M D Nalapat
GIVEN that it is only the UK and Germany that actually provide surplus funds to the European Union, the 25 other members are going to be in the most trouble were the UK to exit the European Union, as directed by a majority of British voters three years ago. Given the affirmative vote for Brexit, it was an odd choice for the Conservative Party to choose Theresa May as the replacement for the popular David Cameron, who would have handled a British break from the EU with far more finesse than Prime Minister May. Her lack of commitment to Brexit has led to a dilution of the negotiating stance of London in its dealings with the expanding bureaucracy in Brussels, which is a cancer that is eating away at the vitals of the Union. Had the EU leadership adopted a less reactionary policy towards the desire of several parts of certain countries in Europe to separate from the rest, the EU could have found a reason for existence by ensuring that such separations get done almost wholly painlessly.
However, the EU bureaucracy responds not to the idea of Europe enunciated by Jean Monnet but to the governments of the 27 States that are members. As a consequence, it failed a crucial test, which was when a clear majority of the Catalan people (if we not include those from outside Catalonia who are living in that quasi-state) opted for independence. Both (the residual) Spain as well as Catalonia would have developed much faster and acquired far more social cohesion had those in authority in Madrid acted with the maturity of policymakers in London, who would have accepted the departure of Scotland from the United Kingdom rather than bring out the chains and handcuffs (cheered on by the EU bureaucracy) the way such a trampling of the popular will is being responded to by Madrid. Northern Italy could have gone its own way, as also the Basque region of France and Spain, or other groups that regard themselves as stifled within the nation states they find themselves in.
Only by embracing diversity brought about by freedom can the EU survive as a living force rather than simply a collection of bureaucrats whose some objective is to protect their sinecures. The UK’s exit from the European Union would have forced that group to reform in a manner relevant to the 21st century rather than cling on to the Westphalian logic of immutable nation states. Were Serbia and Kosovo part of the EU, were both wings of Cyprus part of the EU, situations that are painful to endure may have healed. However, it is clear that Theresa May has no intention of leaving the EU, and that she wishes to dilute Brexit such that the UK remains a part of the grouping in effect, but without any say in its overall policies. British MPs are showing by their patchwork quilt of votes on resolutions dealing with Brexit that they as a collective deserve a Prime Minister such as Theresa May.
Ireland under its formidable Taoseach Leo Varadkar would never agree to a solution that entails a hard border between Dublin and Belfast. Should Scotland have a second referendum and declare independence, there needs to be a soft border between the new country and the United Kingdom. The twin doors to the European continent that contiguity between the UK and Ireland as well as Scotland would be to the advantage of each of the participants. Clearly Prime Minister May regards with panic the prospect of a “No Deal” Brexit, forgetting that very soon, the EU would need to come to an accommodation with London so as to serve its own interests. Although the UK has the stringer negotiating hand, the fact that the Prime Minister is at heart very reluctant to leave the EU has created a situation where she (and therefore her country) has been reduced to begging the EU for concessions that are minuscule compared to what it being asked of the UK in exchange for a “smooth” Brexit, or in other words, an exit that is nominal and which serves the interests of Brussels rather than London.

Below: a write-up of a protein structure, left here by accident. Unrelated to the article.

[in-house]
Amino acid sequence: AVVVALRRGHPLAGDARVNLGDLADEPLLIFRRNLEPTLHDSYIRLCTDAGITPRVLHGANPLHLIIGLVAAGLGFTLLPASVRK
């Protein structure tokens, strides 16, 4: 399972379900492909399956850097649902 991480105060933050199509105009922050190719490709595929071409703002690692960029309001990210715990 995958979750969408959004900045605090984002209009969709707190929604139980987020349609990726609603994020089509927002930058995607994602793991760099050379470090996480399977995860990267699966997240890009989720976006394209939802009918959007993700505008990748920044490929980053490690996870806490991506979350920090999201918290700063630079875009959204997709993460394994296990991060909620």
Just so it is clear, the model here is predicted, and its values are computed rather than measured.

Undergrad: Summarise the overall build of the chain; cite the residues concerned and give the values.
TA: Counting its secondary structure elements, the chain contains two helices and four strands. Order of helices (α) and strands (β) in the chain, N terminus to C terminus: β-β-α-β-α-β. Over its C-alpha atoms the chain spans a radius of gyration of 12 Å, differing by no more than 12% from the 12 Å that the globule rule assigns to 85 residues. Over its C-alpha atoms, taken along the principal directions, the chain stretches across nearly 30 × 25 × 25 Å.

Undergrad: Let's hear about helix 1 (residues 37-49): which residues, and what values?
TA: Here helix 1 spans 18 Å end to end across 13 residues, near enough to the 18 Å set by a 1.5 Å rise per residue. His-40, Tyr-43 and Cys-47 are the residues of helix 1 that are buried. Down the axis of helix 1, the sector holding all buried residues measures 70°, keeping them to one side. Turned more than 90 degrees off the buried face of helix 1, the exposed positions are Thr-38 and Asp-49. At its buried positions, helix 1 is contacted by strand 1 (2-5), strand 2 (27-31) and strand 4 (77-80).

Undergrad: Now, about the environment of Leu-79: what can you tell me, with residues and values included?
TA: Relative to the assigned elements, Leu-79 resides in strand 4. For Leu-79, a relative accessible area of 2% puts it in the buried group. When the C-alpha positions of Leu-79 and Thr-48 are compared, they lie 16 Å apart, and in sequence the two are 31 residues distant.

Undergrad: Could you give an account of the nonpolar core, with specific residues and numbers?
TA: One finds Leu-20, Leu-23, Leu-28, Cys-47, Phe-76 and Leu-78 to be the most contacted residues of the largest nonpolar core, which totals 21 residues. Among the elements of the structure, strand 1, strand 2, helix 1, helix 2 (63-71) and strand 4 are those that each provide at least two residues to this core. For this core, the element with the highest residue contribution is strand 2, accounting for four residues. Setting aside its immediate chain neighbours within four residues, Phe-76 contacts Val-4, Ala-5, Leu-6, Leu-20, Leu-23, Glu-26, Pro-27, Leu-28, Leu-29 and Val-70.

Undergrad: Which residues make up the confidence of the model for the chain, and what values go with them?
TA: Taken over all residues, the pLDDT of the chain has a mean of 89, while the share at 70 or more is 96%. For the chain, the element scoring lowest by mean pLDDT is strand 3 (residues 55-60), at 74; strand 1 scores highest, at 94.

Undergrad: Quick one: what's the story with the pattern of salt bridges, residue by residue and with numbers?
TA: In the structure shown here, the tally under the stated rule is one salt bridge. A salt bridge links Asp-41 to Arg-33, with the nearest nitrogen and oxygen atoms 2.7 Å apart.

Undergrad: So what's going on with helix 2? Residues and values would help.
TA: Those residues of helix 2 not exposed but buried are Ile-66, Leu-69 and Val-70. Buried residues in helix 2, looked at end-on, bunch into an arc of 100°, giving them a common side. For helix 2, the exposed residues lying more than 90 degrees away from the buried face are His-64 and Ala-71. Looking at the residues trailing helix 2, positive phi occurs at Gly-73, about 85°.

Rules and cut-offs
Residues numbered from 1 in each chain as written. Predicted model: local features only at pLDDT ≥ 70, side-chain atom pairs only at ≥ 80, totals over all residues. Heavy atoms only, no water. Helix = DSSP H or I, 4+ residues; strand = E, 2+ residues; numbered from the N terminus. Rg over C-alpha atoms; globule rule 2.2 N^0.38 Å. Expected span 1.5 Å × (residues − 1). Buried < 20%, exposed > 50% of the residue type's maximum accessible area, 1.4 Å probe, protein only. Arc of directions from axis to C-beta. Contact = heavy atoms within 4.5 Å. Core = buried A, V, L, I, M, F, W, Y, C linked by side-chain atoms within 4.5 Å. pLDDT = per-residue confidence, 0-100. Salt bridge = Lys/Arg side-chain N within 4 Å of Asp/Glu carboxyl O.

By stealth, May is jerkily positioning the UK into a situation where (in the name of democracy, of course) a second referendum gets held that the Prime Minister hopes will go the Romanian way. She is making the process tangled and nightmarish so that British voters overturn the decision taken three years ago to leave the European Union. Should that take place, should the UK remain within the EU either formally or in effect (the way several in the Conservative Party want), the outcome will be chaos. British Members of the European Parliament will adopt the stance taken by rowdy fans at football matches and create mayhem. London would stymie several decisions that would be acceptable to every other country but cannot pass the barriers created by the not very concealed disgust that UK voters have for the way the EU has transformed itself into a self-perpetuating and expanding bureaucracy in the manner of NATO. A Brexit that is fair to the British people is an impossibility under Theresa May. However, for fear of triggering an election that may bring Jeremy Corbyn into 10 Downing Street, Conservative Party MPs are slowly choking their party into irrelevance. The greatest danger is when folks are too scared to take any risk, and that is the situation facing the ruling party in the UK.
—The writer is Vice-Chair, Manipal Advanced Research Group, UNESCO Peace Chair & Professor of Geopolitics, Manipal University, Haryana State, India.
M D Nalapat